Using carbon nanotubes as qubits for quantum computers

March 26, 2013

Like a guitar string, nanotubes (black) can be clamped and excited to vibrate. An electric field (electrodes: blue) ensures that two of the many possible states can be selectively addressed. (Credit: M.J. Hartmann, TUM)

A study by physicists at the Technical University of Munich (TUM) has shown how nanotubes can store information in the form of vibrations.

Using quantum mechanical phenomena, computers could be much more powerful than their classical digital predecessors.

Up to now, researchers have experimented primarily with electrically charged particles. But because nanomechanical devices are not charged, they are much less sensitive to electrical interference.

To date most systems are based on electrically charged particles that are held in an “electromagnetic trap.” A disadvantage of these systems is that they are very sensitive to electromagnetic interference and therefore need extensive shielding. Physicists at TUM have now found a way for information to be stored and quantum mechanically processed in mechanical vibrations.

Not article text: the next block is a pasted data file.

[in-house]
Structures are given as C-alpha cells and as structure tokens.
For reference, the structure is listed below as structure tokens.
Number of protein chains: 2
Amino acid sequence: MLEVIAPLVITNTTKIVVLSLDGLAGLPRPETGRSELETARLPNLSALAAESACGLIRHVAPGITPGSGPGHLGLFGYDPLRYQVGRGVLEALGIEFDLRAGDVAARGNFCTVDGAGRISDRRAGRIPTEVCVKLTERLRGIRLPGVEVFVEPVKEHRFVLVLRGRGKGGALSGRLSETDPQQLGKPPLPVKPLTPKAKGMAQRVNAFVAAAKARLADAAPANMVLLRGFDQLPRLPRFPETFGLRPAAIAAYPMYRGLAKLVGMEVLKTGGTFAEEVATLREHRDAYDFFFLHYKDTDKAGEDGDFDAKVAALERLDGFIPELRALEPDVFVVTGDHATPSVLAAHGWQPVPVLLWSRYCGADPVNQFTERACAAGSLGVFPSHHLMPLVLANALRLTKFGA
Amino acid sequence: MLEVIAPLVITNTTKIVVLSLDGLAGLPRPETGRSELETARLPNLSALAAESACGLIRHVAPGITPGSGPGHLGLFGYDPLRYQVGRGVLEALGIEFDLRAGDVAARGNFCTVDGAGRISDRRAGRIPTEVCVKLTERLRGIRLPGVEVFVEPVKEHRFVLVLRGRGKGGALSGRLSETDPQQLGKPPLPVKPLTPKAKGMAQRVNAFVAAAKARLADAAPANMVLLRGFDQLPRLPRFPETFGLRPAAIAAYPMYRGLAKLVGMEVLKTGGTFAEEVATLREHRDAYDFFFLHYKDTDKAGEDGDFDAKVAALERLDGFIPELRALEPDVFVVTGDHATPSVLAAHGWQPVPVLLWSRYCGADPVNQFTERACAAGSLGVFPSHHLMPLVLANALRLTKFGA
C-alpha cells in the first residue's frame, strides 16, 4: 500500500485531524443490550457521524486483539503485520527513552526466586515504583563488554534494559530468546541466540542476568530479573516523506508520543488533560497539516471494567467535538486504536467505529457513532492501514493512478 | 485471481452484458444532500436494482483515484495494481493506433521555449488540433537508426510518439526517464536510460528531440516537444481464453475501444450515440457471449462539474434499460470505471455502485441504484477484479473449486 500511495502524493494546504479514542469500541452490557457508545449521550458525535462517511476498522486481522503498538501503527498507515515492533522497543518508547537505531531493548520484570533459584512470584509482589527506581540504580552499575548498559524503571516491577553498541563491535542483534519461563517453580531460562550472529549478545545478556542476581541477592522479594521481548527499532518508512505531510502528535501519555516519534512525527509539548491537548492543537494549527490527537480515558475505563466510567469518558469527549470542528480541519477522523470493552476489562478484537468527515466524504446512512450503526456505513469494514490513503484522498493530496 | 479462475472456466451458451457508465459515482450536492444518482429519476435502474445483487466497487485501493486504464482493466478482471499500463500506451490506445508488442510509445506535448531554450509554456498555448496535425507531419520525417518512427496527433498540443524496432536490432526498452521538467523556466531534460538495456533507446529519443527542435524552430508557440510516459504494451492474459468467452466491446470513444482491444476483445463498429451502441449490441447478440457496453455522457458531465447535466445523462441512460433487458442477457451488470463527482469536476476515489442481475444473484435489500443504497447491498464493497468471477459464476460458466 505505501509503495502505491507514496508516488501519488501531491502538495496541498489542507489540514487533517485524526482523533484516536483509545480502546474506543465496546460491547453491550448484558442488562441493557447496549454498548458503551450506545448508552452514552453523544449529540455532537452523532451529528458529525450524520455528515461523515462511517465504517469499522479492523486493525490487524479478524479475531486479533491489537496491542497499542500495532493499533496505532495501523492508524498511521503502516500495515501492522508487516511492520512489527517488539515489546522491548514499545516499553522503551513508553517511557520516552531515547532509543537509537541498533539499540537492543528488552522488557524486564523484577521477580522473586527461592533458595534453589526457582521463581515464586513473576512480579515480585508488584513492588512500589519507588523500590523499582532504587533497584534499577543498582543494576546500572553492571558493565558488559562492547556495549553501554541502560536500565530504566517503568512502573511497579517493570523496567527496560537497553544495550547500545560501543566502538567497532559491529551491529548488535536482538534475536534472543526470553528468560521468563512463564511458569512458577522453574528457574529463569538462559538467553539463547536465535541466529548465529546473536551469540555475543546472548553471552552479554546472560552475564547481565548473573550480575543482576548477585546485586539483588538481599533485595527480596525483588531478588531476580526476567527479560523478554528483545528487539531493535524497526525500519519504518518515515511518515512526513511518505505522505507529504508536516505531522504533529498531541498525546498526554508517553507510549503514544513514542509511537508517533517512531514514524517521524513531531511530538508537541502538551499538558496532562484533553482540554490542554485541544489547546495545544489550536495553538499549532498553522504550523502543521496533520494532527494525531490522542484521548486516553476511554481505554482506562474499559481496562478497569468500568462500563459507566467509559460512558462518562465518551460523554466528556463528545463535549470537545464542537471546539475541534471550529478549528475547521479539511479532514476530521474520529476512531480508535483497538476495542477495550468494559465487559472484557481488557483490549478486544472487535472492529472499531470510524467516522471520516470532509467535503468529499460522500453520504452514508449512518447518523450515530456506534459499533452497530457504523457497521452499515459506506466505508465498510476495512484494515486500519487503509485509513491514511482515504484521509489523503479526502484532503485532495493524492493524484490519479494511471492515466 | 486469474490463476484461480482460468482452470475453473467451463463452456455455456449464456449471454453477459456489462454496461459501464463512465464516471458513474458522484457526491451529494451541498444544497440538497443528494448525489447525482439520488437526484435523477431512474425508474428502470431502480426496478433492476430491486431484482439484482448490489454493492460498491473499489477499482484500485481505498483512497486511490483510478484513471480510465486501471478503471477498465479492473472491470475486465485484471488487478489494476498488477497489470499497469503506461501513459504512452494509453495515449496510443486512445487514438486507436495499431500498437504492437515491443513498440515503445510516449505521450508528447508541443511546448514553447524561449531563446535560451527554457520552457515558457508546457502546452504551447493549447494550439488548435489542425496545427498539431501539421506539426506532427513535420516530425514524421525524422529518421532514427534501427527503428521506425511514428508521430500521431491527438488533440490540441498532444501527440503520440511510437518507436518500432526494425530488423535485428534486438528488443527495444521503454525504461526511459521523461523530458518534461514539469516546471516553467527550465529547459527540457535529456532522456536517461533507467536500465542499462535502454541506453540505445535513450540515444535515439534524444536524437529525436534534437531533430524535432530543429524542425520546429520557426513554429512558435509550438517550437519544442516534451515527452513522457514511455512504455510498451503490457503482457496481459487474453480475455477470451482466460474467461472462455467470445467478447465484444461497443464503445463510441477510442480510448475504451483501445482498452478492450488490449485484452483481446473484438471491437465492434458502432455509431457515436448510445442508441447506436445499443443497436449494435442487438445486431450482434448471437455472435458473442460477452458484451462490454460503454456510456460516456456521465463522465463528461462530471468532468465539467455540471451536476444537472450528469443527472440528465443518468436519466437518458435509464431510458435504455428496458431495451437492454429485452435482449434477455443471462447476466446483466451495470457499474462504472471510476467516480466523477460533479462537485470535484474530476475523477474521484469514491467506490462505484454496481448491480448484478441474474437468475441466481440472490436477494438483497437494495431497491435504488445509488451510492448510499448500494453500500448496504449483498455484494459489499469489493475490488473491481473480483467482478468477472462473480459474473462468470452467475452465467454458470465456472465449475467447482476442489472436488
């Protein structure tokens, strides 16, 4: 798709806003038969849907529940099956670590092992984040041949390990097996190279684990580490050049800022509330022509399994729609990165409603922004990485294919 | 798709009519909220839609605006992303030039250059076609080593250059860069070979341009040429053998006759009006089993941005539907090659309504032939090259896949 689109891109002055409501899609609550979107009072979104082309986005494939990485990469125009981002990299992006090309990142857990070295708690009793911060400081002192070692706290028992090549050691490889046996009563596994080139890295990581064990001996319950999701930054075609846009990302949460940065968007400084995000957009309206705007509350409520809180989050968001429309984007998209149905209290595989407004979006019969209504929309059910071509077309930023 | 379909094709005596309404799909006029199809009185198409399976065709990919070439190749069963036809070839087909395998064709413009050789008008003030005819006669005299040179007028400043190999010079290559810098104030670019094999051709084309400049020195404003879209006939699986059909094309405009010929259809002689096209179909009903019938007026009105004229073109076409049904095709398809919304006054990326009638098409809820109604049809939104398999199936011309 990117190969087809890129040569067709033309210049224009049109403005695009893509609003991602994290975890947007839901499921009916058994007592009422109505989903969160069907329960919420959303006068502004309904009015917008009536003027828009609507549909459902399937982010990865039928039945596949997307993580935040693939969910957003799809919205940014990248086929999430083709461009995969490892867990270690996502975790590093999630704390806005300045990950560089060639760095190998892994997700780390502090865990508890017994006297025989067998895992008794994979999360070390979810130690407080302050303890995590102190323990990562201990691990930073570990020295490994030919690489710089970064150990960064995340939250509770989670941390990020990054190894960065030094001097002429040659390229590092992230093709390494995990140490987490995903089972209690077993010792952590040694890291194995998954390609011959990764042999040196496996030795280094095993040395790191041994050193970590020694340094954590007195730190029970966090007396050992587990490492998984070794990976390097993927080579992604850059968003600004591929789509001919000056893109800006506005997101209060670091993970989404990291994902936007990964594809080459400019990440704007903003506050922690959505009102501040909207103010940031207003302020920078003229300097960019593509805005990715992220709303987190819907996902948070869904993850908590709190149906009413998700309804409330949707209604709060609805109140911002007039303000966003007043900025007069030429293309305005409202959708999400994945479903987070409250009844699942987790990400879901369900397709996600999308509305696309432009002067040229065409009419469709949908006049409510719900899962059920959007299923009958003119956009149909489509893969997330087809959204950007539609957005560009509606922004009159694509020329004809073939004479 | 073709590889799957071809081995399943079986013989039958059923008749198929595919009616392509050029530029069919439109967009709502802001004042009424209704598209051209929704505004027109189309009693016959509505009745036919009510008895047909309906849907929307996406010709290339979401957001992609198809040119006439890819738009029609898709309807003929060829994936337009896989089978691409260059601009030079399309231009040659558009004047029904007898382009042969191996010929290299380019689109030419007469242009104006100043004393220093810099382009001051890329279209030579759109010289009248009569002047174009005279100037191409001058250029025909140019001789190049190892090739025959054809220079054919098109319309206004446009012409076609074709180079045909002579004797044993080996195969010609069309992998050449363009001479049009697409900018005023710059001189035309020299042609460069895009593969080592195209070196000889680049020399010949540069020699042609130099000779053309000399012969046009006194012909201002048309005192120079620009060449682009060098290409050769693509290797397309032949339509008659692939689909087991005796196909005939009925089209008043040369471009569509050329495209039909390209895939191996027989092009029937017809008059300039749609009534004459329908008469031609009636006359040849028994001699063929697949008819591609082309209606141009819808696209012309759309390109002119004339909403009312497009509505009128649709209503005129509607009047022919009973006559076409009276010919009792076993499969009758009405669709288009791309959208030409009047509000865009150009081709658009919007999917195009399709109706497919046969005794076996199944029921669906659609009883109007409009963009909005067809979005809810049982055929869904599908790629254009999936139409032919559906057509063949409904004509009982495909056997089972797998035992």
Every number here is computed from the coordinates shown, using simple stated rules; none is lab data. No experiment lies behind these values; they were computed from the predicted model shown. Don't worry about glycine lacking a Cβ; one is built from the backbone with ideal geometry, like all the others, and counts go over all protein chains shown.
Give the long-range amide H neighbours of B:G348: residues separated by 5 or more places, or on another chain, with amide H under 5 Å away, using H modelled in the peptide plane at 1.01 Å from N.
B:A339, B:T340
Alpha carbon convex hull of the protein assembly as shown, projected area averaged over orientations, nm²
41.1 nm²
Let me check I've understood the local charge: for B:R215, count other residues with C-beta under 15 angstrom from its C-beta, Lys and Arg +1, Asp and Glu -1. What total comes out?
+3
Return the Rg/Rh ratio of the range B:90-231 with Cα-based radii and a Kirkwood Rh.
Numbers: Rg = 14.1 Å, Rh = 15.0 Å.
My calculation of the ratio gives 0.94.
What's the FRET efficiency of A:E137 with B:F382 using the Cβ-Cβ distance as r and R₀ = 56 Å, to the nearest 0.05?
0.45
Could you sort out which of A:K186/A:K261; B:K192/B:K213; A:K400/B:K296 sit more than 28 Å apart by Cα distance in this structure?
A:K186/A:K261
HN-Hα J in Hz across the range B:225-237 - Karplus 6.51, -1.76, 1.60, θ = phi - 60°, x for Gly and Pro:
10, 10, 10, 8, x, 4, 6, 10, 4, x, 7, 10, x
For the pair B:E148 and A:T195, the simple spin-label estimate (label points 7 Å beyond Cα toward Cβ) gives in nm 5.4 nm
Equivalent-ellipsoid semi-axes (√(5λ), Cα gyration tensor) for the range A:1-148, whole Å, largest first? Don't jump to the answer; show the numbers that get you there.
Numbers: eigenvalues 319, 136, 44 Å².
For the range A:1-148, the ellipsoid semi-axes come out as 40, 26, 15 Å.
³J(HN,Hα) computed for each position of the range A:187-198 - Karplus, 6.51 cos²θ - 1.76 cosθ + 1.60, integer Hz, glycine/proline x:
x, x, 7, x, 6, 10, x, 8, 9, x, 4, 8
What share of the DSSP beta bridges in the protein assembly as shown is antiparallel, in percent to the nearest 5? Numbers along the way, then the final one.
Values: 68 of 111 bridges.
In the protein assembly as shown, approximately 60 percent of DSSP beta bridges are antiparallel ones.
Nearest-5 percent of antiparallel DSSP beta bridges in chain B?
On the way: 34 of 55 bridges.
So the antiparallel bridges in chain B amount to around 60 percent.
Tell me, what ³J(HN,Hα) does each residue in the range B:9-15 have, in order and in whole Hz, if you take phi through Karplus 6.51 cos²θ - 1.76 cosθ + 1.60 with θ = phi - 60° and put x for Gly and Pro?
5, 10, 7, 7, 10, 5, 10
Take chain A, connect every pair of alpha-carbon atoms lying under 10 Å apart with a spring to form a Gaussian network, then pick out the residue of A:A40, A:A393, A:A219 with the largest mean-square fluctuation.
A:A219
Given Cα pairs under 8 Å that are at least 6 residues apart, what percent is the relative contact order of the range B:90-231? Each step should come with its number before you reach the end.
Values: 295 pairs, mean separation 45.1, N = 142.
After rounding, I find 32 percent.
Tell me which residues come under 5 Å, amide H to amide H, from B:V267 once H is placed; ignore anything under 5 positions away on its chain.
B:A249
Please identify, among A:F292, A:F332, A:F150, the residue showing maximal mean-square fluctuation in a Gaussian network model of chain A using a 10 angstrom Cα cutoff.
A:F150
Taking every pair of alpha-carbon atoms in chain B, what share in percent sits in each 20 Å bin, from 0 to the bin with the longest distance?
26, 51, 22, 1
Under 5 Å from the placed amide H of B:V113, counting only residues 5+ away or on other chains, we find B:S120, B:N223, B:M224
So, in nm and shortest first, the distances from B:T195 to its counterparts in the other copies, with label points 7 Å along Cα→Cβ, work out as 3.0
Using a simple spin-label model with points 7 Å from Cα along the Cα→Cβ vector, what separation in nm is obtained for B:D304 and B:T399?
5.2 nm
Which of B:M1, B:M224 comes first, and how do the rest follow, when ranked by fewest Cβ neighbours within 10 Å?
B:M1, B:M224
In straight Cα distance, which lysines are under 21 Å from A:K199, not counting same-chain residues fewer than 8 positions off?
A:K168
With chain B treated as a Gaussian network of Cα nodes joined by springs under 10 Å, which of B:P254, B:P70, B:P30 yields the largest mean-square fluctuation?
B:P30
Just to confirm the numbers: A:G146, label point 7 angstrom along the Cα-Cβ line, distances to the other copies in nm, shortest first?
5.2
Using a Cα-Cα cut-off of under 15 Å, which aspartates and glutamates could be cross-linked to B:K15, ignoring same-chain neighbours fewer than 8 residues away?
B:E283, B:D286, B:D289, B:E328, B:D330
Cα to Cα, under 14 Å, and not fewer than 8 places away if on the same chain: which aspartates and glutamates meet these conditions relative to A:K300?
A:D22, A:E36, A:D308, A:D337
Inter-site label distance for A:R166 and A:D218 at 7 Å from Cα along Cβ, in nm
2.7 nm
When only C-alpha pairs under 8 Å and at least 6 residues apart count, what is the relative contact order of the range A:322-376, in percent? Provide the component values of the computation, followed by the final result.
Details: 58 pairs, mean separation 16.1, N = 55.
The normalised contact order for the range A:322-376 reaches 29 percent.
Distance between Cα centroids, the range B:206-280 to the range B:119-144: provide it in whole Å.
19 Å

A carbon nanotube that is clamped at both ends can be excited to oscillate. Like a guitar string, it vibrates more than a million time, allowing information to be retained for up to one second.

Since such a string oscillates among many physically equivalent states, the physicists resorted to a trick: an electric field in the vicinity of the nanotube ensures that two of these states can be selectively addressed. The information can then be written and read optoelectronically.

“Our concept is based on available technology,” says Michael Hartmann, head of the Emmy Noether research group Quantum Optics and Quantum Dynamics at TUM. “It could take us a step closer to the realization of a quantum computer.”

The research was supported by the German Research Council (DFG).